Authorities in Nigeria say scores of people are missing, following clashes between supporters of President Olusegun Obasanjo's party and a rival political group.
Police in Nigeria's southeastern Rivers state said the clashes began Saturday, as supporters of President Obasanjo's People's Democratic Party and the main opposition All Nigeria People's Party rallied in the town of Bakana.
The town lies in a swampy area near the oil producing city of Port Harcourt. Witnesses said scores of people fell into a waterway as they ran to escape the fighting.
State police said the clashes were the result of a land dispute and were not political in nature.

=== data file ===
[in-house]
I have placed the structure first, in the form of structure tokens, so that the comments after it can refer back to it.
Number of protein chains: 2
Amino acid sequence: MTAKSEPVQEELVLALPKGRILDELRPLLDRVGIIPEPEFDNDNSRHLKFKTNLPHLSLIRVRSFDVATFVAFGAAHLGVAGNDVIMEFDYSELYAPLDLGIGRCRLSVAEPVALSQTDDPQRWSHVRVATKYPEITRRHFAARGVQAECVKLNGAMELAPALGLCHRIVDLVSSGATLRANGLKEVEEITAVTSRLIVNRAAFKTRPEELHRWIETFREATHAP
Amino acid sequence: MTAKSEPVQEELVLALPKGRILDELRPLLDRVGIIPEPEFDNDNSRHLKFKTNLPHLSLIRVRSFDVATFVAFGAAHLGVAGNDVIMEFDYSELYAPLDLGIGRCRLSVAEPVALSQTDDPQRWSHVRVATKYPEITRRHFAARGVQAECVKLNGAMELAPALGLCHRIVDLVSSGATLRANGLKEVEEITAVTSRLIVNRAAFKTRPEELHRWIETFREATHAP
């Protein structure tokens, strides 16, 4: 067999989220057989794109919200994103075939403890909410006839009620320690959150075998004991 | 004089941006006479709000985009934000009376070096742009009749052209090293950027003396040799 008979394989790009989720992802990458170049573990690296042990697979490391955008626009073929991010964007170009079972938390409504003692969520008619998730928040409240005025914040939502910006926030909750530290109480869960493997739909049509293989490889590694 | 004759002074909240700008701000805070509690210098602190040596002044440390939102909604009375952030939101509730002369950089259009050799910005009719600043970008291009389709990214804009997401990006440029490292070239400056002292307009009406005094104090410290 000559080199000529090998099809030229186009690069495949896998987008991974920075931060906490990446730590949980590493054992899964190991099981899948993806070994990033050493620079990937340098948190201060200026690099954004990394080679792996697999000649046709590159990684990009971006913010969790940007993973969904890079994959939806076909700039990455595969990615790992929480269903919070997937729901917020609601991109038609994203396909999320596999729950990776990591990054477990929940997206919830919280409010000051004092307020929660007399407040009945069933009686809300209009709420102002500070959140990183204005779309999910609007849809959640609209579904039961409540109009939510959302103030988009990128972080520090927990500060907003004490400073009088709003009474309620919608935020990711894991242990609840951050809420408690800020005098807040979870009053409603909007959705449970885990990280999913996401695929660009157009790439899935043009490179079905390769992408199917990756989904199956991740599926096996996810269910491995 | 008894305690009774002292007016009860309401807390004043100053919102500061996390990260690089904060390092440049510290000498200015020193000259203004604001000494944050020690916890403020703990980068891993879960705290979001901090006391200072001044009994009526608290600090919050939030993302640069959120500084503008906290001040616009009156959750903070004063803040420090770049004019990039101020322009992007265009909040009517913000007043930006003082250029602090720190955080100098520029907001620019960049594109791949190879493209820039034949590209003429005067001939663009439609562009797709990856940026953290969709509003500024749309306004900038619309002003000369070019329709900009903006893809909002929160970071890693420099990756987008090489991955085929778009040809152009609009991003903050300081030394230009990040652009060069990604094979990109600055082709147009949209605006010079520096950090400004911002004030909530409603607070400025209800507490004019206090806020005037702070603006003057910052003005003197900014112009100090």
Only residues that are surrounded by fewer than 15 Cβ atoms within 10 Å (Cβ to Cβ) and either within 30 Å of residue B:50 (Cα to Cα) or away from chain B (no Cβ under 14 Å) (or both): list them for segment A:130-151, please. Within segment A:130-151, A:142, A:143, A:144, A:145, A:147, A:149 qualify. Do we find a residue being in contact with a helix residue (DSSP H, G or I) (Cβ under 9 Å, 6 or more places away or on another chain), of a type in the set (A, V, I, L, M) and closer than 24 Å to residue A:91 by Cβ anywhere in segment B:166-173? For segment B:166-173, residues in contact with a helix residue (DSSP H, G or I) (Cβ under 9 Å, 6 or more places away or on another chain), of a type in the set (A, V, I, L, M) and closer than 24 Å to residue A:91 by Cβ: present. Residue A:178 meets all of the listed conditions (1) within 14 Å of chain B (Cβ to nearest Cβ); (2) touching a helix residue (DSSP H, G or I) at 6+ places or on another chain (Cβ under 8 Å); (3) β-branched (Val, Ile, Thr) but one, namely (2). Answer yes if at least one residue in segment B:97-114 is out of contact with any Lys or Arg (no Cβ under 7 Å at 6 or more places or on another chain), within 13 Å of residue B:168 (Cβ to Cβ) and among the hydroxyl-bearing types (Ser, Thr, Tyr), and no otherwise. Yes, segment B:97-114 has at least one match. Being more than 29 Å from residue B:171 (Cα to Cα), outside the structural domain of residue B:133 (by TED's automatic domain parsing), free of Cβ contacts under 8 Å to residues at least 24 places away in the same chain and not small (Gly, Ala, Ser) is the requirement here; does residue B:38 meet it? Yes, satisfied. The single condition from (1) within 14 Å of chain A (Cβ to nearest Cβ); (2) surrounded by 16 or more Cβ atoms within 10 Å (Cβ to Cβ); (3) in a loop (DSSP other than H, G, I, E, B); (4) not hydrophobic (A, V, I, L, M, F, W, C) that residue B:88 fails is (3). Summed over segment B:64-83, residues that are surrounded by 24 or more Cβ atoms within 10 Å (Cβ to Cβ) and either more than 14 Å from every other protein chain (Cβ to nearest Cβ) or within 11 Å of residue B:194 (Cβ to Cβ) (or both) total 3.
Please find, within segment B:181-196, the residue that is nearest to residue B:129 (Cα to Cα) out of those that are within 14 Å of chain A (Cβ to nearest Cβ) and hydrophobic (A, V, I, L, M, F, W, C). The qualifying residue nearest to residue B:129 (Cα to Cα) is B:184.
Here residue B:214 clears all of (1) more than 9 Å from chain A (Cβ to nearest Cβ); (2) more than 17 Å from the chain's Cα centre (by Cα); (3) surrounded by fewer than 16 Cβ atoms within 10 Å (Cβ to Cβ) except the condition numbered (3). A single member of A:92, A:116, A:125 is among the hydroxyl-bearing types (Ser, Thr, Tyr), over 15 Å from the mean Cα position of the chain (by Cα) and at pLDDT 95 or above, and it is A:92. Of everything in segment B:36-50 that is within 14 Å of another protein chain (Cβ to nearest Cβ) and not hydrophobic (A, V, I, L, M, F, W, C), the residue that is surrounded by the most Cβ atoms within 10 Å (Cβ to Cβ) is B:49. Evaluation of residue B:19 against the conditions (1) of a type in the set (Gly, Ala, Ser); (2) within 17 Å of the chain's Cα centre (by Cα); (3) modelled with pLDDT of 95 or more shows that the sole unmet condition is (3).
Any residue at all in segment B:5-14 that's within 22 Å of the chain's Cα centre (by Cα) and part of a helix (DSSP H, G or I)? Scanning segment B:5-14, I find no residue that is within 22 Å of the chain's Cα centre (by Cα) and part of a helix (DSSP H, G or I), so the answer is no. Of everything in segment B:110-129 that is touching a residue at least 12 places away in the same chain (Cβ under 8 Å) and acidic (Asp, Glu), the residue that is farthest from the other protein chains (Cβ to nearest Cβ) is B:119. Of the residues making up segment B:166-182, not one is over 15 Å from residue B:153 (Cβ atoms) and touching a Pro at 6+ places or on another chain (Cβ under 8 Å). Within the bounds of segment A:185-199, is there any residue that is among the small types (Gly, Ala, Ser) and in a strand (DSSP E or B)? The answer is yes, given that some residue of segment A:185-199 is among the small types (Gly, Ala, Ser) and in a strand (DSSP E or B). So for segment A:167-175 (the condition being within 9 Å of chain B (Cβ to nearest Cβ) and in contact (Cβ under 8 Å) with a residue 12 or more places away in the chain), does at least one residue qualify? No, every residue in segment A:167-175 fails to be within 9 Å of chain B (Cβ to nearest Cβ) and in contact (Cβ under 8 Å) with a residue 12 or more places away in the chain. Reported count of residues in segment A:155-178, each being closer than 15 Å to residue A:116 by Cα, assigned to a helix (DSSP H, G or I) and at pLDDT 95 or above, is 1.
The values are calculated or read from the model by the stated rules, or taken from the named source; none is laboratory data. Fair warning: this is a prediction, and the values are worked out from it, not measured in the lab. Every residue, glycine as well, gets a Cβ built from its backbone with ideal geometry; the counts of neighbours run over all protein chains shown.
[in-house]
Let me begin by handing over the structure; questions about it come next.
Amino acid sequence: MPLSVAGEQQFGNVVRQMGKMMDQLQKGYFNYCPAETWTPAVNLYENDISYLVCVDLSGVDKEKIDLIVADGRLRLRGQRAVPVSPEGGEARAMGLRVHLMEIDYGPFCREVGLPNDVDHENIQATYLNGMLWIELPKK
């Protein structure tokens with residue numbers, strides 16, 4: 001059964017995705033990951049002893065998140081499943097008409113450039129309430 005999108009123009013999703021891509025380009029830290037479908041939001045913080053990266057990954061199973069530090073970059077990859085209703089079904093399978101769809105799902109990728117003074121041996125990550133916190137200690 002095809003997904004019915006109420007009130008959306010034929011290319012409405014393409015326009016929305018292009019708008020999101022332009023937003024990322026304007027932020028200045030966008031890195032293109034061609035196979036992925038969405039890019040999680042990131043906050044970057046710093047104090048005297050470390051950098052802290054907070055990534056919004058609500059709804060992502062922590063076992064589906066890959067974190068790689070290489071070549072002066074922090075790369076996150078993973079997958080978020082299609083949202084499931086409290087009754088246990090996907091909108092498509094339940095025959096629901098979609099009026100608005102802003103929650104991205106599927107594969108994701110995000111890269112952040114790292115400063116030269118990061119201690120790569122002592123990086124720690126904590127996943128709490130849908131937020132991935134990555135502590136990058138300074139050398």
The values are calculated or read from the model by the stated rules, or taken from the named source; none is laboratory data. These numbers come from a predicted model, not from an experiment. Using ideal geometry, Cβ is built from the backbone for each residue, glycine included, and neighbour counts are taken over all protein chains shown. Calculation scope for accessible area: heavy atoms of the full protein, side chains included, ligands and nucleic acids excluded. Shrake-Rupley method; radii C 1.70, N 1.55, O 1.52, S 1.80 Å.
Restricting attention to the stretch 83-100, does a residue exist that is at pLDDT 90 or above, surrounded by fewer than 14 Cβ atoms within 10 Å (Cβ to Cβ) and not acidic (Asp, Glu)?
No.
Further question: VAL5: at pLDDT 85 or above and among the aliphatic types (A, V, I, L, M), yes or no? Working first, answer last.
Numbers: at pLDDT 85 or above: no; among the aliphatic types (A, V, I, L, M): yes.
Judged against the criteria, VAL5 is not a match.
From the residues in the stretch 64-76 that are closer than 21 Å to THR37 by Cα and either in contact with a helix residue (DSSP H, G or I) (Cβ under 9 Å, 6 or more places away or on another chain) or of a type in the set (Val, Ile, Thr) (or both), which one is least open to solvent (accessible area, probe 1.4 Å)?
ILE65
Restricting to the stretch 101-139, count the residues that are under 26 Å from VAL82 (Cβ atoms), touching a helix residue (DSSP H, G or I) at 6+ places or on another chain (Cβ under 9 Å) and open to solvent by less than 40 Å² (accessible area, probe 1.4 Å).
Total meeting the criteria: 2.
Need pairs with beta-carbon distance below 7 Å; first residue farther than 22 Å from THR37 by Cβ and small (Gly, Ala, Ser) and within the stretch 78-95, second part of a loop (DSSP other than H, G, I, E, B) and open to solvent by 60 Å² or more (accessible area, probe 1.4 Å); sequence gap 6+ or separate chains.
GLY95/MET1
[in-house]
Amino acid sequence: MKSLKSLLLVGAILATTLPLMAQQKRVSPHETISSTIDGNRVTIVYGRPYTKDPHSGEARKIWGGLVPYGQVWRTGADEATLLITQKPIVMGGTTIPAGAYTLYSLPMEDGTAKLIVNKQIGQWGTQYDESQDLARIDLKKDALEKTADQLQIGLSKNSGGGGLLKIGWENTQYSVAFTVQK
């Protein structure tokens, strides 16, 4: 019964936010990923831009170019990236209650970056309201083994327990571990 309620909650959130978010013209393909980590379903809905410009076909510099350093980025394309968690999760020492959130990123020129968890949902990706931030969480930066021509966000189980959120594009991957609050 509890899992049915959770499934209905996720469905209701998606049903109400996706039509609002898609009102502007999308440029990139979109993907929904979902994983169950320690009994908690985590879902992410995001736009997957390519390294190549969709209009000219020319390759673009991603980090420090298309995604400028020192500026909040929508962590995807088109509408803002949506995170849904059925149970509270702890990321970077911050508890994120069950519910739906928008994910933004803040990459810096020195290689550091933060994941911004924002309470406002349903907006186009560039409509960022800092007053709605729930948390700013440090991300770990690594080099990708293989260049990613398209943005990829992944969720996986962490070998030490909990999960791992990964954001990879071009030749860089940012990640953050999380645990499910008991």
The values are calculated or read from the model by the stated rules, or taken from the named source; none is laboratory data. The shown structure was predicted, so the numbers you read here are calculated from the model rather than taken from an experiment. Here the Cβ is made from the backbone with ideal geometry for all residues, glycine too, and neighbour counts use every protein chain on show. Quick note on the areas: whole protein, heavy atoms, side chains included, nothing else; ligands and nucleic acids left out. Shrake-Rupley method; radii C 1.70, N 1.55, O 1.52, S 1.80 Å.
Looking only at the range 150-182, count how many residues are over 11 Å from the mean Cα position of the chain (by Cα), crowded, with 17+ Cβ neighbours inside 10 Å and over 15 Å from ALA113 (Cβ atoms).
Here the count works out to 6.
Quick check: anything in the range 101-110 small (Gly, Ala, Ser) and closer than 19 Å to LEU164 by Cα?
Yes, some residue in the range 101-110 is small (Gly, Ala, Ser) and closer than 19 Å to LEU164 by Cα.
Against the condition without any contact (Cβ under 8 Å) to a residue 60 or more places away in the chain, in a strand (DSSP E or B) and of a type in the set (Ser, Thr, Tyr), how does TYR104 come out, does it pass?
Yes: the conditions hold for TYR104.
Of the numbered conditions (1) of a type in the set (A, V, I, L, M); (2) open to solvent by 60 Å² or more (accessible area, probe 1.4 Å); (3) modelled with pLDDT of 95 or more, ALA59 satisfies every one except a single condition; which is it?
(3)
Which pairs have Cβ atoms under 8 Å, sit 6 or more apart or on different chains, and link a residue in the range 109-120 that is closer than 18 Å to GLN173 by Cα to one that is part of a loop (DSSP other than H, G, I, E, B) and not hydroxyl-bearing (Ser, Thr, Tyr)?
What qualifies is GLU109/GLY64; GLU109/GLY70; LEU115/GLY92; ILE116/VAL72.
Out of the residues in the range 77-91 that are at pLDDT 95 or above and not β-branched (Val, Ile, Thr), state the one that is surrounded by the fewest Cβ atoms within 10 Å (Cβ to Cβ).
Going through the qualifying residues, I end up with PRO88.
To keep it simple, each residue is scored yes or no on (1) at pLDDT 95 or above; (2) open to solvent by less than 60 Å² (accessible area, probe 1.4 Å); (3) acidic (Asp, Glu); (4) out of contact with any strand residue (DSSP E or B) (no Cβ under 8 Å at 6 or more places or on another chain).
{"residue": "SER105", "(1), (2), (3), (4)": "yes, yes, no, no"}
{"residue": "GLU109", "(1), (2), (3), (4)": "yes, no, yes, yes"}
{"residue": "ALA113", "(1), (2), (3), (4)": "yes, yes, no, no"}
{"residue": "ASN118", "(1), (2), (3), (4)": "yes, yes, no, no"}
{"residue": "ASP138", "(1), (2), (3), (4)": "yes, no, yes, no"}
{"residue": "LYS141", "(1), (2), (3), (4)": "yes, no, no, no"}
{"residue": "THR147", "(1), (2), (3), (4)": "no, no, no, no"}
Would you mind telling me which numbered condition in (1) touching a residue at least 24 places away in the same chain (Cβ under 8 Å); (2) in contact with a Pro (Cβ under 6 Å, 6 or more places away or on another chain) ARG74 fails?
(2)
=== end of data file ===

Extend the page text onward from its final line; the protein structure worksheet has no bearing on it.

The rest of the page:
Political leaders in Nigeria said they are concerned the fighting could destabilize the country before general elections scheduled for April 12, and presidential elections that are due to take place April 19.
Politicians who are part of an influential group in the north of the country, a bastion of the opposition, wrote a letter to President Obasanjo saying they fear the violence may cause the postponement of the elections.
Nigeria, the world's sixth largest oil producer, is reeling from ethnic clashes earlier this month that forced foreign oil companies to halt operations. The shutdowns have cut total daily oil production by 40 percent.
President Obasanjo, whose election in 1999 returned Nigeria to civilian rule following a long series of military governments, is due to face more than a dozen challengers on April 19. He has called for peace in the days leading up to the elections.
Analysts say the poll will be an important test of the strength of democracy in Africa's most populous nation.